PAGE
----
Sylvia Sims, who today is a marvelous old bag, has spoken of the boredom of the wife roles she was usually saddled with in her glamorous youth. “Poker-up-the-arse parts,” she and Jean Simmons called them. She took this one because she recognized it was an important film. The mediocrity of her rather vapid character is scarcely felt because Dearden shoots the confrontation with Bogarde so dynamically. (“Because I WANTED HIM!” was Bogarde’s own addition to the script, which he felt was mealy-mouthed on this key point. They filmed the line without clearance from the censor and then simply fought it through.)

In the end, Farr sacrifices his career to do the right thing. He is rewarded by being allowed to keep his marriage. The suggestion is that this is a happy ending — certainly, the movie cannot be allowed to suggest that happiness for Farr lies in embracing his other instincts, which are described elsewhere as unfortunate, worthy of pity rather than censure, but in no way salutary. Is Farr gay? We tend to assume he is because of the casting, but the movie doesn’t come out and say so — he was attracted to McEnery’s “Boy” Barrett, and so stopped seeing him. This, he says, is quite different to what happened before his marriage — and incident his wife was aware of when they wed, and which he swore would never be repeated. So, in this cunning way, by repeatedly making it clear that nothing “happened” with McEnery, the filmmakers smuggle in the fact that something DID “happen” previously. And the result of all this finagling is that Farr gets to have had gay sex and doesn’t have to die. He gets off with life.

Background music from the transport cafe scene — pre-Beatles rock n roll, trying every so hard to pass for American. Kind of delightful, though.

Sexy Night Spots of London #1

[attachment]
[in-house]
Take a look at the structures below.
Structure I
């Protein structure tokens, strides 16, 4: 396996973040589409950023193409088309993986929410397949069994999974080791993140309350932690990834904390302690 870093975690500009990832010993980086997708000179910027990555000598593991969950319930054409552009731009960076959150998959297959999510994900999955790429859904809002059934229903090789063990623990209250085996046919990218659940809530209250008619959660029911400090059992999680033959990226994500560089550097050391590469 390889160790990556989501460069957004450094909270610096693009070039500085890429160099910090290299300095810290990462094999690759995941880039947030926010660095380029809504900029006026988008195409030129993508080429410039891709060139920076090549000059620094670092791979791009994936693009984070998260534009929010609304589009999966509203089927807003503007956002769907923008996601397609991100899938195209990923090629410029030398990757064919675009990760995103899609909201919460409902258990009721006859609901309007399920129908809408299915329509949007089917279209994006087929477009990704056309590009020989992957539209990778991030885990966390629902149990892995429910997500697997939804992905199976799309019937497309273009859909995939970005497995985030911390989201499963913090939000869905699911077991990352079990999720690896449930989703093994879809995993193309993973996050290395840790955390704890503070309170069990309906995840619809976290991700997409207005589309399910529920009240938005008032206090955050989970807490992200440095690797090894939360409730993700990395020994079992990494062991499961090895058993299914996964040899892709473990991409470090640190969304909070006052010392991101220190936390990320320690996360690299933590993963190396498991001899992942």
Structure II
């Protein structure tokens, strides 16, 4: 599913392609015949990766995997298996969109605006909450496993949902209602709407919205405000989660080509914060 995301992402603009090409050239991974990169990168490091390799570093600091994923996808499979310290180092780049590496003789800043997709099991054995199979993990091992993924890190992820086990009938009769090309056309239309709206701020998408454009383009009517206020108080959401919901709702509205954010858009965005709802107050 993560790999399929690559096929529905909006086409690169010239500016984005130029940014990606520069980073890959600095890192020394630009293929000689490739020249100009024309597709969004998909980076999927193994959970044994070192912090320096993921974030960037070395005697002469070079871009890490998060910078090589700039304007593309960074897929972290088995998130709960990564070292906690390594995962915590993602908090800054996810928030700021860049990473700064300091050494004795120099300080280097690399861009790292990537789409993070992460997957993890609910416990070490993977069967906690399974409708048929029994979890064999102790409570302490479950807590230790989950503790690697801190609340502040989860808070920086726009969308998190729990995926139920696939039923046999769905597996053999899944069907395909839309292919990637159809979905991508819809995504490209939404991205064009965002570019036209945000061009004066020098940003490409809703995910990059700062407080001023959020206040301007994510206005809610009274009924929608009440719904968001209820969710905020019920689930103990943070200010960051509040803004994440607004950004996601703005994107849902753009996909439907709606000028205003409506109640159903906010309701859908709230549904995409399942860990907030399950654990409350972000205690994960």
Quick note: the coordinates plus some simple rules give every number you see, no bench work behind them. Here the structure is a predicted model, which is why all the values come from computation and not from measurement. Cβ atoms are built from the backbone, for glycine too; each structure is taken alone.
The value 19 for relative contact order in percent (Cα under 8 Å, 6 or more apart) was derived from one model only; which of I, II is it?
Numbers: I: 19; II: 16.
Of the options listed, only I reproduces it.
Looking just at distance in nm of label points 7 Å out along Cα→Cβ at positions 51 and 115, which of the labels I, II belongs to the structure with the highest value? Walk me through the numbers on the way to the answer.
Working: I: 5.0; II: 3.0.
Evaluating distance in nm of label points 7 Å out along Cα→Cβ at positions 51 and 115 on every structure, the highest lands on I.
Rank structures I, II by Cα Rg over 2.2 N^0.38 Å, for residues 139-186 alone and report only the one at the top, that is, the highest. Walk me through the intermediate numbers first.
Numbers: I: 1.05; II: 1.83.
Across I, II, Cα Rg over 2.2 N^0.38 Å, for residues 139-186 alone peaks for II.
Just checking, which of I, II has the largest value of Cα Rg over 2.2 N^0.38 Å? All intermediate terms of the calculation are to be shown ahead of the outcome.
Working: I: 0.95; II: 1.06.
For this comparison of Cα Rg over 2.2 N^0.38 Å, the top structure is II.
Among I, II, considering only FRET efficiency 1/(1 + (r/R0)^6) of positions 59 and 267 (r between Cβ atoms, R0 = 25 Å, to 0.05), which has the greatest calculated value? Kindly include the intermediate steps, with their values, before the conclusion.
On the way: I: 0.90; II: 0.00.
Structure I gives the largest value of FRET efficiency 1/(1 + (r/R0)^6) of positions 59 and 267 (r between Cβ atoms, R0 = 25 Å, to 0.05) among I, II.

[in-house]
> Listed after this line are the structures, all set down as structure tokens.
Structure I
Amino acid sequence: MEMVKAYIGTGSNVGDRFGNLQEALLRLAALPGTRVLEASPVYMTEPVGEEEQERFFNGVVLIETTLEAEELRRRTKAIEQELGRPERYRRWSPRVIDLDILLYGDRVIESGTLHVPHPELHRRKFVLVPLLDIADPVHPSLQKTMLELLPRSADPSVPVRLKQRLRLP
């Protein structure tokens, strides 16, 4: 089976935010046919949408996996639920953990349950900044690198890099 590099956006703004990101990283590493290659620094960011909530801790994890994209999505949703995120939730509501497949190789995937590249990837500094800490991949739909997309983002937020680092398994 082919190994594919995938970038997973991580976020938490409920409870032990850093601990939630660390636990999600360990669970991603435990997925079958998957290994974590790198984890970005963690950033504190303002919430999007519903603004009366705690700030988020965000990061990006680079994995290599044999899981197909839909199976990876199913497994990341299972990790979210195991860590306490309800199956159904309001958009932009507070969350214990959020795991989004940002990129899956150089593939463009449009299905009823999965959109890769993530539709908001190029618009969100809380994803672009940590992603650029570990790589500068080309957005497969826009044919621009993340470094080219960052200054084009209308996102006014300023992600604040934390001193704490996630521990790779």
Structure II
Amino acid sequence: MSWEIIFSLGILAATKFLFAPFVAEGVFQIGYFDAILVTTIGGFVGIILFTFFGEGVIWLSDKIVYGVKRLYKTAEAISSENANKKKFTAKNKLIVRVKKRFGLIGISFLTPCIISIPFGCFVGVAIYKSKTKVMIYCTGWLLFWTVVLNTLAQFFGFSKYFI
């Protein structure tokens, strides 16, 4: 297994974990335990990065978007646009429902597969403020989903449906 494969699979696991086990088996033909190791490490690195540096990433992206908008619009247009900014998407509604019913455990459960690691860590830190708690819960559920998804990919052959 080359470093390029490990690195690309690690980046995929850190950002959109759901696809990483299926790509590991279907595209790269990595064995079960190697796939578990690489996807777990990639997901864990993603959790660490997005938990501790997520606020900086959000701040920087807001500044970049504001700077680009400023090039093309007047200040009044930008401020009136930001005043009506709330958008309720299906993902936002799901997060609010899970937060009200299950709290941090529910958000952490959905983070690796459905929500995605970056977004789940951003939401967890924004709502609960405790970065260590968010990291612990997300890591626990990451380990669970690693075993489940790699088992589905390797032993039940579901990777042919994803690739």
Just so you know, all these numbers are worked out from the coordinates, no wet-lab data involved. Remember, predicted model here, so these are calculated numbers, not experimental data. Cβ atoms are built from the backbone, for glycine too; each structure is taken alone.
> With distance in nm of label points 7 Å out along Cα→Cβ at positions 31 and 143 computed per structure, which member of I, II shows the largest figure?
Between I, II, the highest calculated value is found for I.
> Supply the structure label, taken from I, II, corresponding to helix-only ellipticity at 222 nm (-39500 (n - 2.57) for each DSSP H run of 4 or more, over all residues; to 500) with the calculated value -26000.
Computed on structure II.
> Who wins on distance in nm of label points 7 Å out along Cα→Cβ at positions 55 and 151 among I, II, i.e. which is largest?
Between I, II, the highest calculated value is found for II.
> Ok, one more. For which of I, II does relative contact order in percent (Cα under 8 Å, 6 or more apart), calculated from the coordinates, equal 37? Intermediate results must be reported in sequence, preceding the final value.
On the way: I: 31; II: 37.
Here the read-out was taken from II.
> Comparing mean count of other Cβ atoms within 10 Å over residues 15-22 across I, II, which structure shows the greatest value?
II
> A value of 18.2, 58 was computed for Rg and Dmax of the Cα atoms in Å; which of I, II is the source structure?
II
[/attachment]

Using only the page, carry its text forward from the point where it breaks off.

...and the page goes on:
Posted in FILM with tags , , , , , , , on October 11, 2008 by dcairns

The Hip Bath Club.

“Mickey [Powell] was always very keen on Vernon Sewell, which I could never understand, because as far as I could see, Vernon didn’t have a brain in his head.” ~ Lawrie Knight.

Sewell (pronounced “Sill”) had an odd, long, uninteresting career. He bought a boat and built a studio in it (what a, er, great idea!). He lasted 39 years as a director, without doing anything genuinely important. His career fizzled out with horror movies like CURSE OF THE CRIMSON ALTAR (with its admirably stupid demonic s&m action — it’s the one with Barbara Steele in green body paint and horns), THE BLOOD BEAST TERROR (killer moth lady!) and BURKE AND HARE.

A MATTER OF CHOICE (1963) is co-written by Sewell’s Burke, actor Derren Nesbitt, and is a fairly contrived and uninteresting moral maze / moral morass, in which a disparate group of characters lie their way into trouble and can’t lie their way out. Most amusingly, a couple of extremely camp young posh boys unconvincingly try to hook up with “birds”, and wind up shoving a policeman in front of an oncoming car, and then battering the driver into a coma with a half brick. Ah, the perils of dating. We’ve all done it, haven’t we?

This is unquestionably the best image in the film:

And Sewell holds it for some time, relishing it.

Movie’s available on a double-bill disc with JUNGLE STREET, from Odeon Entertainment’s Best of British series. Very good pic quality, moderate films.